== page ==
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Mall chapels at the centre of it all

By Michael Swan
The Catholic Register


Edmonton Archbishop Richard Smith, left, and Rev. Oscar Monroy, chaplain of St. Benedict Chapel, outside the chapel housed at the City Centre Mall in Edmonton. As chaplain, Monroy has developed relationships with his neighbours in the stores that surround St. Benedict Chapel. Photo by Chris Jugo, courtesy of the Archdiocese of Edmonton

TORONTO (CCN) — The Centre Dieu is in a Quebec City mall, but not of it.

It’s a peaceful refuge, a small chapel, just around a corner and a million spiritual miles away from the constant din of the food court and 260 stores with goods to hawk.

The chapel was the brainchild of the Laurier Quebec mall developer, the Delrano Group of Paul Racine, François Nolin and Amédée Demers Jr. 50 years ago.

Place Laurier, as the mall was then known, was Quebec’s first covered mall and one of the largest indoor malls in the world. It opened in 1961 with 50 stores, but by 1967 the mall was becoming a revolution in the way Quebeckers live.

The mall itself thought there should be a place for God in the midst of it all.

As the little chapel celebrates 50 years of service to shoppers, store clerks and office workers, its chaplain Rev. André Béland worries there’s not much place left in the heart of Quebeckers for God, or at least not for the church that once assured French Canadians of their identity.

“We have just one student in the seminary,” Béland told The Catholic Register during a recent visit. “Pray for us.”

Béland leads 15 to 20 people every weekday in celebration of the mass. He hears a steady stream of confessions. There are five to 10 regulars who stay after the noon mass for adoration.

As they enter the chapel, worshippers pass by paintings of Quebec’s founders and saints — St. François de Laval, St. Marie de l’Incarnation, St. Marguerite Bourgeoys, Blessed Marie-Catherine de Saint-Augustin, St. Marie-Marguerite d’Youville.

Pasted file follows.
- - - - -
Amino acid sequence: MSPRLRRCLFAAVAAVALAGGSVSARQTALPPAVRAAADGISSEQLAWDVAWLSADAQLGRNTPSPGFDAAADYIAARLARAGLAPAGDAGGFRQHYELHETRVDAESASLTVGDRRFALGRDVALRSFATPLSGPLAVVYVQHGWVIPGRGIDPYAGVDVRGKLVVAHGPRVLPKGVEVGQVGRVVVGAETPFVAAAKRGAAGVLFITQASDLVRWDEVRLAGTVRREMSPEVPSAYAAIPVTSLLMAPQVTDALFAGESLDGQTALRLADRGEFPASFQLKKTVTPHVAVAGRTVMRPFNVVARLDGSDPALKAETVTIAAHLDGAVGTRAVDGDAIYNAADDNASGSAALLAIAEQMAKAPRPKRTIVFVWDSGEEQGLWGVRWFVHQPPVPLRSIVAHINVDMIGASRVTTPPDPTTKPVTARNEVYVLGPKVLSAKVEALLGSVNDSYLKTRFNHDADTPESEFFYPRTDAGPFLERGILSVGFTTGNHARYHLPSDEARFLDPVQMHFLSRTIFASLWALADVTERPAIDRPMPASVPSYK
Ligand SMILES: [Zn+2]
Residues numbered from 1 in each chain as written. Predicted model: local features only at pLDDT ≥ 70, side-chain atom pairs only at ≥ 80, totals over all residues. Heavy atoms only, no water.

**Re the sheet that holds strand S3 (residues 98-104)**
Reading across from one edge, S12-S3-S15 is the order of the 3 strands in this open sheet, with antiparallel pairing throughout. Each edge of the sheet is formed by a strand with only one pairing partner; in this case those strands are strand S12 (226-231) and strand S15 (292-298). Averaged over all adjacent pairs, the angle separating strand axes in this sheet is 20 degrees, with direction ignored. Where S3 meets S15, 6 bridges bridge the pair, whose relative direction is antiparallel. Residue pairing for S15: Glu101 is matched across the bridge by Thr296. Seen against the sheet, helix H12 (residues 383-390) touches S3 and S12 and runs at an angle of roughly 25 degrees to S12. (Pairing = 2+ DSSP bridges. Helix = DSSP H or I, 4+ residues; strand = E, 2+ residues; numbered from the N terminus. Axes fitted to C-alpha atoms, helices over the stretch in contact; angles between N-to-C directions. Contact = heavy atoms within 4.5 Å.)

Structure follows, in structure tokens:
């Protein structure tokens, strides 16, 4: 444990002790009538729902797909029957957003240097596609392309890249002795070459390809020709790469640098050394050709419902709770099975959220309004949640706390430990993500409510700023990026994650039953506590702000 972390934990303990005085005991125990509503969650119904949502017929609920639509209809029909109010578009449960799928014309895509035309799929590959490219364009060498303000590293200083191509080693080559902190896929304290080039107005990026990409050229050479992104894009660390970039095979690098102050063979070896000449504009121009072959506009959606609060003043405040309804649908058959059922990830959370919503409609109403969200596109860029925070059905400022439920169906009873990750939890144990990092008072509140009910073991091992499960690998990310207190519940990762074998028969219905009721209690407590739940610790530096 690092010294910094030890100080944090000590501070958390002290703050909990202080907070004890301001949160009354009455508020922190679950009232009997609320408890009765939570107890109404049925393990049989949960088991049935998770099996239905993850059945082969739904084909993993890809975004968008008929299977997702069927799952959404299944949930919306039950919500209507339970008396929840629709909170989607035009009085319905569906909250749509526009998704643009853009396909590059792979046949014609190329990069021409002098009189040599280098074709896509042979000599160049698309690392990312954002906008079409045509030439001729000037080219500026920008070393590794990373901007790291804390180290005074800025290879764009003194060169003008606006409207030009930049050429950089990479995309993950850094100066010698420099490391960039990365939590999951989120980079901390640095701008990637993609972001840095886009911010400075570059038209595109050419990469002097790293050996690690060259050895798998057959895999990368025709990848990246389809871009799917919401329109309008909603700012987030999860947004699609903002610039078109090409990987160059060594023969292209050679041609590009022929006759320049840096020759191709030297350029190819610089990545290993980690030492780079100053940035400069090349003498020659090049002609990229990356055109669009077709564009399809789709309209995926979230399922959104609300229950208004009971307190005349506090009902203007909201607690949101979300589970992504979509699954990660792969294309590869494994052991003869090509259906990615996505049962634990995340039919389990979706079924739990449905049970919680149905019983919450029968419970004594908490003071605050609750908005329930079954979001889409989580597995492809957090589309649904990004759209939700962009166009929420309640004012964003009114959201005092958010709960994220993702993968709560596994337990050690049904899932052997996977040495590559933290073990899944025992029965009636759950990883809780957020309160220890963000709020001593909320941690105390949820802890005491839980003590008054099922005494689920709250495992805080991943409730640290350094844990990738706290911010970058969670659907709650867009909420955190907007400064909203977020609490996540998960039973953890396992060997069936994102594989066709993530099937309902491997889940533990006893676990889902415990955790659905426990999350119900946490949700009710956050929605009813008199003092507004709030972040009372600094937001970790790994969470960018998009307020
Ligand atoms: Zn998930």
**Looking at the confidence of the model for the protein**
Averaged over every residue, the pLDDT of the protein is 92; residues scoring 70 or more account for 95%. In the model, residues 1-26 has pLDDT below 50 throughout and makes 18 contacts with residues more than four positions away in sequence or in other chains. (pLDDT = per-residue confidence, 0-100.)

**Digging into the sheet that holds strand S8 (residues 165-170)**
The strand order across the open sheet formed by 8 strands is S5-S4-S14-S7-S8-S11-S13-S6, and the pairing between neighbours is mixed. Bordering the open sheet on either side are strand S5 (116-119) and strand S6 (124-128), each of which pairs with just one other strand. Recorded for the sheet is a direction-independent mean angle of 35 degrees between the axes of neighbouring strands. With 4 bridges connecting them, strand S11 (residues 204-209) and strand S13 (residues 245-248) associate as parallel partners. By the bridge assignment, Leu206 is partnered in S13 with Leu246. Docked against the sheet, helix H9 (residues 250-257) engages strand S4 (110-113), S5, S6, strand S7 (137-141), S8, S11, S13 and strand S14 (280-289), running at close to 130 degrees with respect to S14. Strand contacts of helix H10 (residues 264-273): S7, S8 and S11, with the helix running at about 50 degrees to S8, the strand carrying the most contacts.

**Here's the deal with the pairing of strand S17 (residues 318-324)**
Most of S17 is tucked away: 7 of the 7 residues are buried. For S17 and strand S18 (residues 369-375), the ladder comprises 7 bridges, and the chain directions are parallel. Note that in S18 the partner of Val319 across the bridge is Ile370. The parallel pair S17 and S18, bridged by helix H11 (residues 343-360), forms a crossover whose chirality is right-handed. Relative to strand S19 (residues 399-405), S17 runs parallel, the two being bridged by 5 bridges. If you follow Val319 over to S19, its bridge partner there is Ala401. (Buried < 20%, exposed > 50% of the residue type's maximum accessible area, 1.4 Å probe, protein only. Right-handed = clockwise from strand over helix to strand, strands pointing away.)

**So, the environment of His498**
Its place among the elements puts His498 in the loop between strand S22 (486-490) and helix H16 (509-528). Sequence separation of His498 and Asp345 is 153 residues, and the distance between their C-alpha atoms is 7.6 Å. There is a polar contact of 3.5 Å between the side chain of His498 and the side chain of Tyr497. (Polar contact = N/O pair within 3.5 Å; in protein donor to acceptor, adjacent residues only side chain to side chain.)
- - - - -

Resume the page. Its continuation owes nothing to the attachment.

The Centre Dieu isn’t the only mall chapel in Canada celebrating a birthday. Last November, St. Benedict’s Chapel in Edmonton’s City Centre Mall turned 10 years old.

St. Benedict’s is the brainchild of Cardinal Thomas Collins, who was searching for a way to connect the church with people in their working lives when he was archbishop of Edmonton.

“In my travels, I saw a number of spaces that planted the seeds for a place of solace and prayer in the midst of our commercial centres,” said Collins in an email.

St. Stephen’s Chapel, which has operated as a sort of Bay Street branch office to Toronto’s St. Michael’s Cathedral for 31 years, was one of those examples that caught Collins’ eye.

St. Francis’ Chapel in the Prudential Center on Boylston Street in Boston was another, along with Holy Cross Chapel and Catholic Resource Centre in downtown Houston, Tex.

“It’s important for us to offer an opportunity to bring our faith to the people in a variety of settings. This creativity in our outreach reminds us that these spaces can be important tools of evangelization,” Collins said.

One thing that makes the mall chapels different is the church doesn’t own them.

In Edmonton the community that prays at St. Benedict’s raises $4,000 per month to cover the rent. It’s a lot, but the people who gather there for mass three times a day (at 7:15 a.m., 12:15 p.m. and 5:15 p.m.) believe it’s worth it, said St. Benedict’s chaplain Rev. Oscar Monroy.

Unlike multifaith prayer rooms, St. Benedict’s is a specifically Catholic chapel with daily mass, confessions and the presence of the consecrated Body of Christ in the tabernacle, said Monroy.

“There are people who stop 10 minutes and sit down, kneel, pray and go. There’s a real belief in the presence of the Lord. It’s amazing,” said Monroy.

While the altar, the tabernacle, the stained glass and the hush of contemplation all mark St. Benedict’s as different from the rest of the mall, the secret of the chapel’s success is something it shares with every other store in the downtown mall — location, location, location.

Monroy glories in St. Benedict’s prime spot near walkways that connect the mall with city hall, the main library and other office buildings. It guarantees traffic.

Monroy also gets out and about in the mall.

“Over the years, I have made a kind of relationship with the people in the stores, with people that sell shoes, with the Tim Hortons guys, whatever,” said Monroy. “They are the ones who are coming here.”

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